It is safe to say that equestrian sport is a challenging one, not only physically but also mentally. Making one error could possibly result in a bad fall and injuries, and could mean you are out for the season. Obviously, this element puts extra pressure on riders not to make any mistakes. In addition, it is the only Olympic sport that involves working together with a living animal, and that, too, adds extra difficulty to the mix. Working together with a highly sensitive animal means that your mind not only impacts your body, but your horse will be influenced by it too.

Imagine slicing up a lemon and squeezing half of it onto your tongue. Can you feel your body responding to this thought by producing more saliva?

Your thoughts have a powerful influence over your body, and when you have negative thoughts, these can impact your ride. The more you go over a certain situation in your mind, the more you fire specific neurons in your brain and create a neural pathway. By thinking about what could go wrong, you strengthen a negative neural pathway. By thinking about how it could go right, you activate and strengthen a more desired neural pathway.

This process obviously doesn’t happen overnight, but imagine someone telling you what a terrible rider you are, all day and every day for the next week. How would you feel about yourself at the end of it? Probably not very positive. But this is exactly what happens when we have critical thoughts about ourselves all the time. Research has shown that of the 50,000 to 70,000 thoughts we have a day, about 70 percent of them are the same, day in and day out. Having the same negative thoughts, therefore, can result in the creation of a negative neural pathway. In other words, you are essentially creating limiting beliefs about yourself.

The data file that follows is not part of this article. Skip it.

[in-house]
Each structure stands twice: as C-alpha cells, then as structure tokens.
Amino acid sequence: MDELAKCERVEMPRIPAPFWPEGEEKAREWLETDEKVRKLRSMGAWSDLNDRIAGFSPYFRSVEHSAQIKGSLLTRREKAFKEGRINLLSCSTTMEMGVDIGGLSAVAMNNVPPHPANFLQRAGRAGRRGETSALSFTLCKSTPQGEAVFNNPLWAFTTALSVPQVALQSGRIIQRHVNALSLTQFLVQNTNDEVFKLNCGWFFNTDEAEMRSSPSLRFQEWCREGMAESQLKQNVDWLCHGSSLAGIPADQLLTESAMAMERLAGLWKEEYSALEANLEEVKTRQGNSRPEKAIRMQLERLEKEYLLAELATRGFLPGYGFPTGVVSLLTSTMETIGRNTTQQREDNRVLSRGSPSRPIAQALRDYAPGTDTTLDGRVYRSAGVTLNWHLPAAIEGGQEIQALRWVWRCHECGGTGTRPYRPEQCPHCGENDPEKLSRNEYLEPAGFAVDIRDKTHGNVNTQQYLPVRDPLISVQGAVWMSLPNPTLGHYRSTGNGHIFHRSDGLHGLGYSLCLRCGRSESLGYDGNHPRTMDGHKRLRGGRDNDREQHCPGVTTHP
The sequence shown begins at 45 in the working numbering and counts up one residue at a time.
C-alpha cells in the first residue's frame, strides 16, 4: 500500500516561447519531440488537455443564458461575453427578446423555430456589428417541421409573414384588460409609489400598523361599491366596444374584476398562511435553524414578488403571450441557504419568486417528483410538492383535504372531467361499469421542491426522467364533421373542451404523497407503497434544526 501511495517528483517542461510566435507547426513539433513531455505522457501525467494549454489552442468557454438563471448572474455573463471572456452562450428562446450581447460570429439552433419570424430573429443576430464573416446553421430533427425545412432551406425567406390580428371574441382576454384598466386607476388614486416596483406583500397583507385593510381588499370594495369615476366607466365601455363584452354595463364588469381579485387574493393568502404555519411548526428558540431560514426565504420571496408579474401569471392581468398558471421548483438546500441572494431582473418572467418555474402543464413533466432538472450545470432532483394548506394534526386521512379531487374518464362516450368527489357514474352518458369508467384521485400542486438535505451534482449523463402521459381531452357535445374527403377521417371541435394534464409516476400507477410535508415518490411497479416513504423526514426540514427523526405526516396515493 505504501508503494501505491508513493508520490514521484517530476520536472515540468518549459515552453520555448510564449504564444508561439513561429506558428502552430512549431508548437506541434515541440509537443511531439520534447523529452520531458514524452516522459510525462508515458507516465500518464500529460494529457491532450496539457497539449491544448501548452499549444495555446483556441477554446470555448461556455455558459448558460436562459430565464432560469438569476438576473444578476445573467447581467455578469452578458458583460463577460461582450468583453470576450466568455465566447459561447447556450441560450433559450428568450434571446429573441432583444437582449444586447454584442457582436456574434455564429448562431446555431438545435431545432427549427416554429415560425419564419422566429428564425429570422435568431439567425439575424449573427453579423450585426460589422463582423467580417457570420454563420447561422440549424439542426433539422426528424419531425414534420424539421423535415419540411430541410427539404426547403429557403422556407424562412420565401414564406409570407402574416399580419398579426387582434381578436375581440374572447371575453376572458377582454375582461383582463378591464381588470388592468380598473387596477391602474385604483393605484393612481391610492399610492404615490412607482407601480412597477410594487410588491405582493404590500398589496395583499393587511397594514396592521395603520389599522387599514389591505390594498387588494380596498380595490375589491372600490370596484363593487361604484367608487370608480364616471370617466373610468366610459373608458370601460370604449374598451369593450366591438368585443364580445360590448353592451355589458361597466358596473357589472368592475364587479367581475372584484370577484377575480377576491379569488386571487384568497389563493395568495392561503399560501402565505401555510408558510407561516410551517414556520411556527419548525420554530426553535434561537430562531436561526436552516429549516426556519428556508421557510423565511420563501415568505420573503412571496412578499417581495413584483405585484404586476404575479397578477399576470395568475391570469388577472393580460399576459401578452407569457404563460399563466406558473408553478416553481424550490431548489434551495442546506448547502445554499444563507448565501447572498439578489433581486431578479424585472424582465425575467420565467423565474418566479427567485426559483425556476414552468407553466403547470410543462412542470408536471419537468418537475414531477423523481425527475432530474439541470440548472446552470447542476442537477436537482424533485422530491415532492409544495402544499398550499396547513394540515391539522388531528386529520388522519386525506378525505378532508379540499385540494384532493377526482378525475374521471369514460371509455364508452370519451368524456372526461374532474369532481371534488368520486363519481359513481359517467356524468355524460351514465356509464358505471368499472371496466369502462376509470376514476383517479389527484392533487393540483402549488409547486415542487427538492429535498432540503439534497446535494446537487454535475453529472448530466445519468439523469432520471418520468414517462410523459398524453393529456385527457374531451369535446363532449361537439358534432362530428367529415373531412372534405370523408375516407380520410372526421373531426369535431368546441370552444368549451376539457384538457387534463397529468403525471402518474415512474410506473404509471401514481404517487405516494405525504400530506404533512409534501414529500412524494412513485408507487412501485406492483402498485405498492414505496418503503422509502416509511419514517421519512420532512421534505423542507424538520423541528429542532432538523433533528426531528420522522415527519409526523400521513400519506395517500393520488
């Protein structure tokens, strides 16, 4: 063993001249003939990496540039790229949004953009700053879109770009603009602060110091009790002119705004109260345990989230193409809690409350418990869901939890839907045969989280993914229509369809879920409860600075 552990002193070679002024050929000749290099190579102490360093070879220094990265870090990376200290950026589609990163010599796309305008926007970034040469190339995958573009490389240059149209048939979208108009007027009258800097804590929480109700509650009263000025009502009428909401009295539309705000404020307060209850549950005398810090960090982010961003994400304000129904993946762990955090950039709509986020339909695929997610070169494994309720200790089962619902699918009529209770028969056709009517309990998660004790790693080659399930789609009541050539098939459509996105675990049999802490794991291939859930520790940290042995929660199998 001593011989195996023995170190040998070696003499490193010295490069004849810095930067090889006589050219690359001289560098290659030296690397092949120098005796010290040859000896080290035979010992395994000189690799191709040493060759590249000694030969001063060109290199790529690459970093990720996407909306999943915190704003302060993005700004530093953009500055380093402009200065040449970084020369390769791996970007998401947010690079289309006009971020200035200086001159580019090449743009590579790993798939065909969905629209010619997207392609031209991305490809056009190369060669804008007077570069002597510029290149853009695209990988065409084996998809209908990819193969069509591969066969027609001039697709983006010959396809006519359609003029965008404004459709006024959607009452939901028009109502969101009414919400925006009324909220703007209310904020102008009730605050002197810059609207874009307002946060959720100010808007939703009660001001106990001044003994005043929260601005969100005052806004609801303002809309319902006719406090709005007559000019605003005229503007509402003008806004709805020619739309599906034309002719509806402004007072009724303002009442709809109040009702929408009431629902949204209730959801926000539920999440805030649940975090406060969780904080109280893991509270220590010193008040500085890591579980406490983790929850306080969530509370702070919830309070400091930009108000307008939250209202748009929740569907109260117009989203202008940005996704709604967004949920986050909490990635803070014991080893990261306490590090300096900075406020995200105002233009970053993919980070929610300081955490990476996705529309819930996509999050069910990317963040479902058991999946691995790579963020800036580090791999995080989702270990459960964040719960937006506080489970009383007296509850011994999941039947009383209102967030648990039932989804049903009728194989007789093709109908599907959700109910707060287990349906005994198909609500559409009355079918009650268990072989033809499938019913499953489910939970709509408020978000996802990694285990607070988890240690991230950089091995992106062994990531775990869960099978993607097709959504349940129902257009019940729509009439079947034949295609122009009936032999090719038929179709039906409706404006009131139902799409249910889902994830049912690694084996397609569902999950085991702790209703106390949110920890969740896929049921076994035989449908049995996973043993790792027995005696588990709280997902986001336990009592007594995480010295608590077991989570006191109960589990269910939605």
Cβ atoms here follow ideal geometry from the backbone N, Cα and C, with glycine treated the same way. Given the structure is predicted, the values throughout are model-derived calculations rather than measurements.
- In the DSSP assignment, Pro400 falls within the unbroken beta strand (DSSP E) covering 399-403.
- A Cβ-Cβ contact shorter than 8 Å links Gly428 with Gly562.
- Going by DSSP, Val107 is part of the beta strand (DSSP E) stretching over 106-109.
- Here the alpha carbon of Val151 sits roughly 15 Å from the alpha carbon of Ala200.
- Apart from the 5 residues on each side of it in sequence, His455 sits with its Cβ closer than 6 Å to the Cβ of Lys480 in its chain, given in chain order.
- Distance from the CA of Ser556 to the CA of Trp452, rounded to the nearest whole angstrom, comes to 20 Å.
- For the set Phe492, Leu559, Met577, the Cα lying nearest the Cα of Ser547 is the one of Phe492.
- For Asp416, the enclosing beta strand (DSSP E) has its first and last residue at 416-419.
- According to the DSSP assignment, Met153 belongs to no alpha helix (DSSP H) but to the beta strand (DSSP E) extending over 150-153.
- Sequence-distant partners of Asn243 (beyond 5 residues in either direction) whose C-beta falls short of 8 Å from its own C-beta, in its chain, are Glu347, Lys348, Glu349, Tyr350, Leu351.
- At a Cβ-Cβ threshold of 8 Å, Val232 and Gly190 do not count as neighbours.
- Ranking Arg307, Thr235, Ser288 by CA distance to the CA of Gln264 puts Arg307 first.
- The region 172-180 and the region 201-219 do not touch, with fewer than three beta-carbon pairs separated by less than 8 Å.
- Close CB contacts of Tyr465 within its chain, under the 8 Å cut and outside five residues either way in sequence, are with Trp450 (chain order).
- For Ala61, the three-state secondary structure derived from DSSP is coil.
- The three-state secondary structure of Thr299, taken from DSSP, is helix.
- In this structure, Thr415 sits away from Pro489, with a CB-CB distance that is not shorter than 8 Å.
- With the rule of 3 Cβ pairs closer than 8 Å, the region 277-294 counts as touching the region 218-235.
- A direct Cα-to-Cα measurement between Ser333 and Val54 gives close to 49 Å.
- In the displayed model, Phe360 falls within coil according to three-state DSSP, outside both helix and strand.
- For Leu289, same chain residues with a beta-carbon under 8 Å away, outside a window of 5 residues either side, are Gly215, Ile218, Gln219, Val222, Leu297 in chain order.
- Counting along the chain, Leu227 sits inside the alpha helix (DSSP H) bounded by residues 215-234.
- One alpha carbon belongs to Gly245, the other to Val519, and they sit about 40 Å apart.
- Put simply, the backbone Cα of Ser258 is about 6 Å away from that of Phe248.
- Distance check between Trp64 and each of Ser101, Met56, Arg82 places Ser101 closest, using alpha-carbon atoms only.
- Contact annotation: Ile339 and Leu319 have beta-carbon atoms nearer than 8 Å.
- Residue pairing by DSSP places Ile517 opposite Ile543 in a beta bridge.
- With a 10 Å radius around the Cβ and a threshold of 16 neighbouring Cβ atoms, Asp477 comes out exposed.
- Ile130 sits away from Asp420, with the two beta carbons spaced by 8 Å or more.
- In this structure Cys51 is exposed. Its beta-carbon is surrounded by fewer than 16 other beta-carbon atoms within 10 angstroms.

The good news? We can also create new, more helpful neural networks to improve our riding. Using visualization as a technique to strengthen your positive mindset can be very powerful if practiced regularly. You probably already use it when you walk your course. Most likely, you will go through the course in your mind a few more times so you won’t forget your plan. Another great way to use visualization to strengthen your confidence and positive outlook is to relive your best round ever. Whether you use it at home, or right before you go into the arena at a show, it will help you to focus on your strengths instead of all the things that could go wrong.

Want to give it a shot? Here’s how:

  • Close your eyes and go back into your memory to that best round you have ever ridden. Go back to feel what you were feeling (the sensation of your horse moving), hear what you were hearing (the bell), maybe even smell what you were smelling (the combination of shavings and hay?). The more senses you use, the more neural connections will be made in your brain.
  • Ride that course again in your mind and feel how everything comes together and seems to flow effortlessly. Relive the amazing feeling you had when you cleared all the fences and rode beautifully.

Watching videos from well-ridden rounds or wins can obviously help as well. Whenever negative or unhelpful thoughts pop up in your mind, make yourself recognize them without judgment, and then refocus your attention to what DID go well and what you DO want to repeat in future rounds.

With a background in the show jumping sport, Annette Paterakis is a performance coach, specialized in mental coaching equestrians. She is passionate about working with riders to help them better understand the mind and to provide the framework for creating the right conditions to reach peak performance.

For more information on Paterakis, please visit her website at

-Photo credit: Thomas Reiner.